Where do you want to retire? A tropical beach? Exotic mountain hideaway? Culture-filled city?
Many seek a foreign land where they can get more bang for their retirement bucks and live among friendly people.
The editors of International Living magazine, a monthly publication for subscribers, have ranked their top 10 retirement havens. That report, The World’s Best Places to Retire in 2020, is the basis for this list and descriptions.
International Living likes Vietnam a lot, especially for the beautiful beaches, modern cities, rugged mountains and thousand-year-old historic sites. Vietnam’s people are warm and welcoming, its economy is strong and Westerners will enjoy the country’s modern conveniences.
The cost of living here is low throughout the country. The report says:
“Even in the most expensive cities—Ho Chi Minh City and Hanoi—two people can live well for less than $1,500 per month.”
You may think of France as too expensive to be an affordable retirement destination.
But International Living says, “Mais non.”
The magazine’s Francophiles cite the country’s legendary food and wine, climate, haute couture, unspoiled countryside, rich cultural life and excellent health care. History buffs are fascinated by the long and colorful history.
The cost of electricity, cable TV and water is akin to what you would find in the U.S., writes Tuula Rampont, the magazine’s correspondent in France.
But housing is about one-third of what she paid in California. She estimates a couple can live for $2,083 to $2,483 a month, including health care and rent.
With beaches, mountains, fabulous cities, colorful festivals and sunshine almost everywhere, Spain remains one of the most popular European countries for those looking to retire overseas.
Day-to-day expenses can be very low, says International Living, and a couple can live well in many parts of the country for about $2,500 a month.
Lunch is the main meal in Spain, and a fixed-price restaurant lunch special, including two filling courses, beverage and sometimes dessert, can be had for between $11 and $20.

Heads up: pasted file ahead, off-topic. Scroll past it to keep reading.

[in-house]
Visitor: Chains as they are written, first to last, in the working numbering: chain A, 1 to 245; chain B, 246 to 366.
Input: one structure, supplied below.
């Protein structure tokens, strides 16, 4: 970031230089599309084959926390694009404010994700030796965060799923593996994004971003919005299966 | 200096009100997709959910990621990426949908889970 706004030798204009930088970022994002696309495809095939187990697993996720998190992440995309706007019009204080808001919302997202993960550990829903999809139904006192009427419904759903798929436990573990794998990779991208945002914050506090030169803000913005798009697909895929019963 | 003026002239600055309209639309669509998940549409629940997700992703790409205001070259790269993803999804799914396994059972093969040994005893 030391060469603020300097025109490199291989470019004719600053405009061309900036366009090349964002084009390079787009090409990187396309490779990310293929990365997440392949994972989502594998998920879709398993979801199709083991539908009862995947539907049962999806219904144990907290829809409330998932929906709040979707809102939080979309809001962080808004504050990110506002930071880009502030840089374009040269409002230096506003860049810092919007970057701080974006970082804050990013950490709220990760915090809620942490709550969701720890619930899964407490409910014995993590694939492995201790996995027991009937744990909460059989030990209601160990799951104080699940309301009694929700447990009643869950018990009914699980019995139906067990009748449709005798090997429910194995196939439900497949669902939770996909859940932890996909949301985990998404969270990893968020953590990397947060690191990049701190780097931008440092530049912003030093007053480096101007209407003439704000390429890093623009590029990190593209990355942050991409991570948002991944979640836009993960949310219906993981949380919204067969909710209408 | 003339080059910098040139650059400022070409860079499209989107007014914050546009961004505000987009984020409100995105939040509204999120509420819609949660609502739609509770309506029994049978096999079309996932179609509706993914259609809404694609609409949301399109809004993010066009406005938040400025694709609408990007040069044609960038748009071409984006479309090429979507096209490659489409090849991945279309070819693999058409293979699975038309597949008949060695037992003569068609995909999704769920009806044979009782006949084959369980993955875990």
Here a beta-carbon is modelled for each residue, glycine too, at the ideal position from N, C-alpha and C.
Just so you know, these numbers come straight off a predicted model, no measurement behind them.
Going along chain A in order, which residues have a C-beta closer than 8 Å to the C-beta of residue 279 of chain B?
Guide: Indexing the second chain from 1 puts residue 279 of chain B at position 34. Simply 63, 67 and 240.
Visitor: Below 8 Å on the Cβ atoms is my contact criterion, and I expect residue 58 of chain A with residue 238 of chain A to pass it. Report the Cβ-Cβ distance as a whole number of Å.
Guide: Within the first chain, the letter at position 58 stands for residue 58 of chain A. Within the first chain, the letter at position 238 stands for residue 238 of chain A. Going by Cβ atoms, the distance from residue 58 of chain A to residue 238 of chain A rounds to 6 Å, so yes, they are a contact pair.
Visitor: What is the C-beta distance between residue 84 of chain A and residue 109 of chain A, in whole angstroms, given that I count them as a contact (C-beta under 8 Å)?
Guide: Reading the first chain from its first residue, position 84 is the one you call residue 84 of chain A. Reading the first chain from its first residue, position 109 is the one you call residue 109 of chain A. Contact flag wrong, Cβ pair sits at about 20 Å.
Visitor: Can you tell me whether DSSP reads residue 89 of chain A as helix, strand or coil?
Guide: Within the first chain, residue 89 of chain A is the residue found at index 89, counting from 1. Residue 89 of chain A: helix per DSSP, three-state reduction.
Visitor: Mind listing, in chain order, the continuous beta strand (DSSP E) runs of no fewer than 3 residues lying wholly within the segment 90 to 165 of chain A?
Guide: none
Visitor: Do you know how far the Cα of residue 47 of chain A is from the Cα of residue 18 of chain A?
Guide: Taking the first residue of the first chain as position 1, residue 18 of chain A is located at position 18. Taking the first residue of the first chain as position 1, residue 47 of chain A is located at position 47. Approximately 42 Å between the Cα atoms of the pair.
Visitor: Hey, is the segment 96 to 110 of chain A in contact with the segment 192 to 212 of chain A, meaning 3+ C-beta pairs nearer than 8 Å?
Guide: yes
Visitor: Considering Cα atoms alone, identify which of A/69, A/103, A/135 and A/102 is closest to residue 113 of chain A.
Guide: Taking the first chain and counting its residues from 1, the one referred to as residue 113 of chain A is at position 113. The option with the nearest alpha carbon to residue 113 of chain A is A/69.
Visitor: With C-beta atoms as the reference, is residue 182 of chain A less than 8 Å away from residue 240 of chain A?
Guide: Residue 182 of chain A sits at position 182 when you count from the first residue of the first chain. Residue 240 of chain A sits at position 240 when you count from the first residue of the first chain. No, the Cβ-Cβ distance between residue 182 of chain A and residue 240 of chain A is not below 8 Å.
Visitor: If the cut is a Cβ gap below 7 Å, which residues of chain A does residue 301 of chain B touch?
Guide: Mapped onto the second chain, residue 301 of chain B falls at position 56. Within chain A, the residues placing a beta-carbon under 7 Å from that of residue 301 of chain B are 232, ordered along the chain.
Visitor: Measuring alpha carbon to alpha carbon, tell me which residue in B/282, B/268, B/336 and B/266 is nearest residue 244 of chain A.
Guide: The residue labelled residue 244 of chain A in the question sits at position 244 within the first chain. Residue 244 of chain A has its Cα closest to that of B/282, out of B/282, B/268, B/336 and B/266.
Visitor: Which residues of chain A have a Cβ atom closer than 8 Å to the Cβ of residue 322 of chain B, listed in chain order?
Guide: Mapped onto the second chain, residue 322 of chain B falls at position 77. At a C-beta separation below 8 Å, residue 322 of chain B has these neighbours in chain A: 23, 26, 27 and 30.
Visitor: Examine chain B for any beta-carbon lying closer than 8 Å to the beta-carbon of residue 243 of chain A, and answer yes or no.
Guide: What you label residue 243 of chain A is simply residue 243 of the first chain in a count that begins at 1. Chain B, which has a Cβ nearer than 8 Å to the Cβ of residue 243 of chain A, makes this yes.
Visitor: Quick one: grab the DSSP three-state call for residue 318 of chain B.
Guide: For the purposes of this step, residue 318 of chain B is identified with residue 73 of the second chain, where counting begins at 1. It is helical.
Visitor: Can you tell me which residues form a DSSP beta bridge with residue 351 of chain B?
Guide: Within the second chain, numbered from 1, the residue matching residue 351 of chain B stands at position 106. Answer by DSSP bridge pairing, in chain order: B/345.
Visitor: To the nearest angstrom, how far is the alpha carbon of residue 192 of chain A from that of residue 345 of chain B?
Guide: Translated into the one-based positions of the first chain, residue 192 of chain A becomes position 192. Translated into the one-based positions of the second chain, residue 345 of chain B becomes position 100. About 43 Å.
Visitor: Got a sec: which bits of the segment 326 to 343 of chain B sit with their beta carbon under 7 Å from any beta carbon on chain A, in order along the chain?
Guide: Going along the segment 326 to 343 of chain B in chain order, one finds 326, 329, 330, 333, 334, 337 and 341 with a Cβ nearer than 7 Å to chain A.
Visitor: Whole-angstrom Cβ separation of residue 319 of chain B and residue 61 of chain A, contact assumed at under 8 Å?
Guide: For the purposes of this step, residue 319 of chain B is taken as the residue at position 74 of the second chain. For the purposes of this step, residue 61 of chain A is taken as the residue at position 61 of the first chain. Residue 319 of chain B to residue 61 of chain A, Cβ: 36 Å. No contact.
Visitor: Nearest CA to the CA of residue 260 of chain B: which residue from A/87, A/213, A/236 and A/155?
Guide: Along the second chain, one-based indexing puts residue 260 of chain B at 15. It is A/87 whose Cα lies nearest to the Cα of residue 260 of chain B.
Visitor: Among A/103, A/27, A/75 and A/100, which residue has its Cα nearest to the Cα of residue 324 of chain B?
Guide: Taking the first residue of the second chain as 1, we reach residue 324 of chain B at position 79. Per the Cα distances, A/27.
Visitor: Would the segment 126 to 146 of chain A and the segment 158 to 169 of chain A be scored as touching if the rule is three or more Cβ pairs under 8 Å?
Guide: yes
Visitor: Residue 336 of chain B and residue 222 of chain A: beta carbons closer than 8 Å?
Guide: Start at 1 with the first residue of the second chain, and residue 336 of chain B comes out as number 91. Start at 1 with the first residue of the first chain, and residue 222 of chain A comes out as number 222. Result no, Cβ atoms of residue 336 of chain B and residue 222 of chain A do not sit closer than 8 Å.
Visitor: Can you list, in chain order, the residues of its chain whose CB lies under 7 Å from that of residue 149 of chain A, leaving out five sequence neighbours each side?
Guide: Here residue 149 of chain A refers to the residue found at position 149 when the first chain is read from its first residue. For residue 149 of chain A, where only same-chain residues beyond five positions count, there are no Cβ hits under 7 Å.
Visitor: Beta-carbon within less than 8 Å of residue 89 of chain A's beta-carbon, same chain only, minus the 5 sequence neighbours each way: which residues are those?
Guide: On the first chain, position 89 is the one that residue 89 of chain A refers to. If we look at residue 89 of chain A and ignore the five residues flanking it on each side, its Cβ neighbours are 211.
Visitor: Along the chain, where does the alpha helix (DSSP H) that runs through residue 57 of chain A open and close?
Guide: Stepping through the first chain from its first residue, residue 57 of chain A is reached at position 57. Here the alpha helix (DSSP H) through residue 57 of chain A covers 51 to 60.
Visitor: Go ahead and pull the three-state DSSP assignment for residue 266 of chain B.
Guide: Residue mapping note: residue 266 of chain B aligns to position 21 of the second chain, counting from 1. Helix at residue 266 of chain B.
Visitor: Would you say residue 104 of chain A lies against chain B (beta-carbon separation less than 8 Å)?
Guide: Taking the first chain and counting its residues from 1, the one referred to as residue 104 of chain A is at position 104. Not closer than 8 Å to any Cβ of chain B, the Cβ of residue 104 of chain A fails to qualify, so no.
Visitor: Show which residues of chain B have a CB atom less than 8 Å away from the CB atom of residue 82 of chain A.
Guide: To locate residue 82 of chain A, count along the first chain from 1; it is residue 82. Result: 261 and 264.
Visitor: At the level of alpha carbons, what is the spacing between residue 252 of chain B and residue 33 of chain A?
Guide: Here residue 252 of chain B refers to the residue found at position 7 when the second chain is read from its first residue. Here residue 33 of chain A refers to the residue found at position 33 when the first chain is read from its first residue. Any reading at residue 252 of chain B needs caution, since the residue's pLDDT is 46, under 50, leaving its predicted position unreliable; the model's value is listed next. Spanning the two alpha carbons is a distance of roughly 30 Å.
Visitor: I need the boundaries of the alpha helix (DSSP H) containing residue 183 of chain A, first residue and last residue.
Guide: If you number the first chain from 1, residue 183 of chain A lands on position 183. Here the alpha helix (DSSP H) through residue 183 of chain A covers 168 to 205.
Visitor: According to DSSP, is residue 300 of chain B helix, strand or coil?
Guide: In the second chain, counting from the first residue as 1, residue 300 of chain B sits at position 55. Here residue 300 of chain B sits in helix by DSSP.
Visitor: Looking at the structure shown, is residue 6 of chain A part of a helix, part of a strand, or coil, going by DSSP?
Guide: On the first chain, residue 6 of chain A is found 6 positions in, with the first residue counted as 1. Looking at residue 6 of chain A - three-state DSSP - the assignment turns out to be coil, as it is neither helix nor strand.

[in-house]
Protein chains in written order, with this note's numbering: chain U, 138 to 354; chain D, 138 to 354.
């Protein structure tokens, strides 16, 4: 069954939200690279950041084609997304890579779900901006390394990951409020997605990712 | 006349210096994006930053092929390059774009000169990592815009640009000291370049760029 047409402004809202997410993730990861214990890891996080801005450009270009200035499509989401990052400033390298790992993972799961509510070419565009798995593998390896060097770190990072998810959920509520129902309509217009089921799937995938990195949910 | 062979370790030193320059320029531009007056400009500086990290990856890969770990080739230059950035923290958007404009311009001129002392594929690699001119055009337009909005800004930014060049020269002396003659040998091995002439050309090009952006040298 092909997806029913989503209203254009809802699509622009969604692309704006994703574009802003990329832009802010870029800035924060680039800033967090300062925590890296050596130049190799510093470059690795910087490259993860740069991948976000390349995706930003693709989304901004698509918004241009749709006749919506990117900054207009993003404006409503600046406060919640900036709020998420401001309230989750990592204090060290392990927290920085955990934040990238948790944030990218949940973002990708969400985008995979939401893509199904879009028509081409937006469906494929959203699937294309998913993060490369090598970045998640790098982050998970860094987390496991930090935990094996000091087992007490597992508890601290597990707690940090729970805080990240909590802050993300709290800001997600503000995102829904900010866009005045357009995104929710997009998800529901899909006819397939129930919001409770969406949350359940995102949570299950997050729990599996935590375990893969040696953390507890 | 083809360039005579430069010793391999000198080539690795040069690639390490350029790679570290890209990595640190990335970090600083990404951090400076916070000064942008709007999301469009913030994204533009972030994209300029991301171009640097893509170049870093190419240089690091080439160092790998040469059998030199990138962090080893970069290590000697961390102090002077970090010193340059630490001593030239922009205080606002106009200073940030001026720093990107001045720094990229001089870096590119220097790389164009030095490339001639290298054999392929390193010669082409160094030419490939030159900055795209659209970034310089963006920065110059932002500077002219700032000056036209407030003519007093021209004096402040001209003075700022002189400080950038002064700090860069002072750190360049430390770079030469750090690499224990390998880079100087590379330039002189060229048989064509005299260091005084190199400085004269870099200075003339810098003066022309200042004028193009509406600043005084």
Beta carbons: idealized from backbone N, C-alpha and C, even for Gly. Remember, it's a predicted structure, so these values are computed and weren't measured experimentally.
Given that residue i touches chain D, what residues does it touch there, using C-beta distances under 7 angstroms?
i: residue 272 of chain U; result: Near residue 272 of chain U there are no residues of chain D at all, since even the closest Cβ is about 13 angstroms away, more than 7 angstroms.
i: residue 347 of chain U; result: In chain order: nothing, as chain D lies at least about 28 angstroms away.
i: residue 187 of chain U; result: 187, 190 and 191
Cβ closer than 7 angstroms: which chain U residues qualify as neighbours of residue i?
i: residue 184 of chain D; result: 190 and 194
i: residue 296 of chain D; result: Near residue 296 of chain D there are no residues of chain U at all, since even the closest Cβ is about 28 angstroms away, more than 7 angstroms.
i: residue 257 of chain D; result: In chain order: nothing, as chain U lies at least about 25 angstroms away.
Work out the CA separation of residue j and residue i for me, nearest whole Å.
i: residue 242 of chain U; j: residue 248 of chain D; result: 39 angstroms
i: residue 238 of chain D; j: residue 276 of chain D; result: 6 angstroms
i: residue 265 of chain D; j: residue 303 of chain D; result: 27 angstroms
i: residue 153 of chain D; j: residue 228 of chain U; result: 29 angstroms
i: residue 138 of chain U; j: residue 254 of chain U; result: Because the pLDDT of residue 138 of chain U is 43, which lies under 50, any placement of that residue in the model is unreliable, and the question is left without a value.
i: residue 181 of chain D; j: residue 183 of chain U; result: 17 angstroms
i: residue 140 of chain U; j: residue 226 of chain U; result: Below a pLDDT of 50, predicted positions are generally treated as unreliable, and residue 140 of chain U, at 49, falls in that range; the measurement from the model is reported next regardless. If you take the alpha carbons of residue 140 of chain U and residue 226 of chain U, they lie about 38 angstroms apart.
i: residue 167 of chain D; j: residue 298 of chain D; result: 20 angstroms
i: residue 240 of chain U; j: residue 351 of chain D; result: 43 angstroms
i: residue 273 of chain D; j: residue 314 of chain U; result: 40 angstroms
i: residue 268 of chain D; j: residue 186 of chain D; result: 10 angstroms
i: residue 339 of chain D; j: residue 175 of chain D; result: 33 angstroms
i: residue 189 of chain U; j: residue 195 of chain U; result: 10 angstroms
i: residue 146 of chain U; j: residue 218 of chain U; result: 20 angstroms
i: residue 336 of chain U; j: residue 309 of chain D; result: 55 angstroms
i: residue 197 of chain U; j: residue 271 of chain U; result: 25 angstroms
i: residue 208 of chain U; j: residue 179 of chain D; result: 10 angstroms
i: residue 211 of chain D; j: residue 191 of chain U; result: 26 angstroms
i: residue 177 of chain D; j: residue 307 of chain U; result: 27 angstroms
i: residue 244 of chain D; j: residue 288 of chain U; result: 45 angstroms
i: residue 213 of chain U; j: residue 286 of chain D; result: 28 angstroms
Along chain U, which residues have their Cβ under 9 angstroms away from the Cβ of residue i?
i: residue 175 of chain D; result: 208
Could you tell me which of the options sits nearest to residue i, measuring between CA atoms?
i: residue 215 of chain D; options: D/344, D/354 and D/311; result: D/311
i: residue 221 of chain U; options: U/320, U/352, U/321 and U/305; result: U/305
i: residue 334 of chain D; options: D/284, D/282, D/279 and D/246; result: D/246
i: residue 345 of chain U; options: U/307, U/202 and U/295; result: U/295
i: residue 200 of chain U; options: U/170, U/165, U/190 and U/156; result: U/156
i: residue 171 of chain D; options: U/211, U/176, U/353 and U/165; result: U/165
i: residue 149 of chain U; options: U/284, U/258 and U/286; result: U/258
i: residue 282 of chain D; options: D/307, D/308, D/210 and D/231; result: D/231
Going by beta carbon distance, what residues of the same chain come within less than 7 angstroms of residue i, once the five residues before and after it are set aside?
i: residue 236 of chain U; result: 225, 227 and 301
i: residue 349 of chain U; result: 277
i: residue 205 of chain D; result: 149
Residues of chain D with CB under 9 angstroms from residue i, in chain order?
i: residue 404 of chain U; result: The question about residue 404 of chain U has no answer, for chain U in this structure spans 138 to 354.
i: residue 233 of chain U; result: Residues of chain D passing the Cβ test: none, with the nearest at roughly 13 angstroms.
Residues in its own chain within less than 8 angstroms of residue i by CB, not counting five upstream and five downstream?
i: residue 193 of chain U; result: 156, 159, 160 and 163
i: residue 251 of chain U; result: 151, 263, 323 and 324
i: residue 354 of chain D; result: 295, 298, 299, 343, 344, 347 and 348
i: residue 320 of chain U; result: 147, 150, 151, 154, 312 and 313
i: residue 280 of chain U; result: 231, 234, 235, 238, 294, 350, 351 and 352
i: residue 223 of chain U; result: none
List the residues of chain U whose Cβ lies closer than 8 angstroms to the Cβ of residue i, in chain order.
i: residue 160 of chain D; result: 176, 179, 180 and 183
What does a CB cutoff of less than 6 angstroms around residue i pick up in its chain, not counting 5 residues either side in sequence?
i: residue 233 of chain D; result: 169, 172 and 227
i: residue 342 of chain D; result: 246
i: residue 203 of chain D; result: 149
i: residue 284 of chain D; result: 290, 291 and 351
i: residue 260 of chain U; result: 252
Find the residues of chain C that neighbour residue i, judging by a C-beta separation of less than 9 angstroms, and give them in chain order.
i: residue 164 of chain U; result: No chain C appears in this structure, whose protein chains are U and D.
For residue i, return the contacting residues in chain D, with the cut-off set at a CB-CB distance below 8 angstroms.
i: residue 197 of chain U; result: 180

Influences from across Asia and beyond have melded together to create an extraordinary and affordable cross-cultural melting pot of customs, dress, architecture and cuisine in Malaysia.
According to International Living:
“A family of six can dine out in a good local Chinese restaurant (10 courses) for less than $5.70 per person, including beer. A men’s haircut costs just $2.16. In Penang, a couple can live comfortably on $1,800 a month, including rent.”
Ecuador can’t be beat, many retirees say. Facing the Pacific Ocean, lying directly on the equator in the northwestern corner of South America, and filled with mountainous terrain, Ecuador offers almost any climate you like simply by moving up or down in altitude.
Popular expat havens here include Cuenca, Quito, Cotacachi and Salinas.
A budget of $1,650 to $1,825 a month for a couple — depending on location and lifestyle — will be fine, the magazine says.
Sophisticated Colombia is a hot new destination in Latin America.
Writes International Living correspondent Nancy Kiernan:
Getting a retirement visa to live in Colombia is also quite easy. All you need to do is prove at least $750 annual income from Social Security or $2,500 annual income from a private pension or 401K and you are eligible to obtain a visa that is good for three years.
The cost of living is equally easy, she says. You can expect to pay $8 for a good dinner out and $4 for lunch.
Costs vary but a couple can expect to spend about $1,030 to $2,720 a month, depending where on where they live and other factors.
Home to more North American expats than any other country in the world, Mexico offers a diverse geography, including dry deserts, warm beaches and high-mountain colonial cities.
As a rule, Mexico is a modern country with paved roads, modern hospitals, a stable electrical grid and functioning internet.
Plan on spending $1,500 to $3,000 a month, depending where you settle. That includes rent and health care, International Living says.
3. Costa Rica
A safe and stable country with no army, Costa Rica has welcomed foreigners with open arms for three decades.
A couple can spend $2,000 a month for a comfortable, but not extravagant, life here, says International Living.
Among the attractions for retirees: Excellent health care, modern telecommunications, beautiful tropical beaches on the Caribbean and Pacific coasts, rainforests, lush valleys and cool mountains as well as theaters, art galleries and fine dining.
While most famous for its canal, Panama draws retirees for its ease of living.
The cost of living here lets North Americans pamper themselves. If you like the city life, you can rent an ocean-view condo starting at about $1,500 a month.
Life in Panama City costs editor Jessica Ramesch about $2,600 a month as a single person. That includes rent, groceries, utilities, and entertainment. Qualified retirees have access to sizeable discounts on travel, health care, hotels, restaurants and more.
Lying quietly in the shadow of boisterous Spain, Portugal offers a sliver of coastline and an interior that can take you back centuries.
The people are warm and welcoming, writes International Living correspondent Tricia Pimental. She adds:
“You can live a comfortable, although not extravagant, lifestyle for about $2,500 a month.
If you choose to live in Porto in the north, the country’s capital of Lisbon, or in the expat beach havens of Cascais or the Algarve, you probably want to bump that up to $3,000.”
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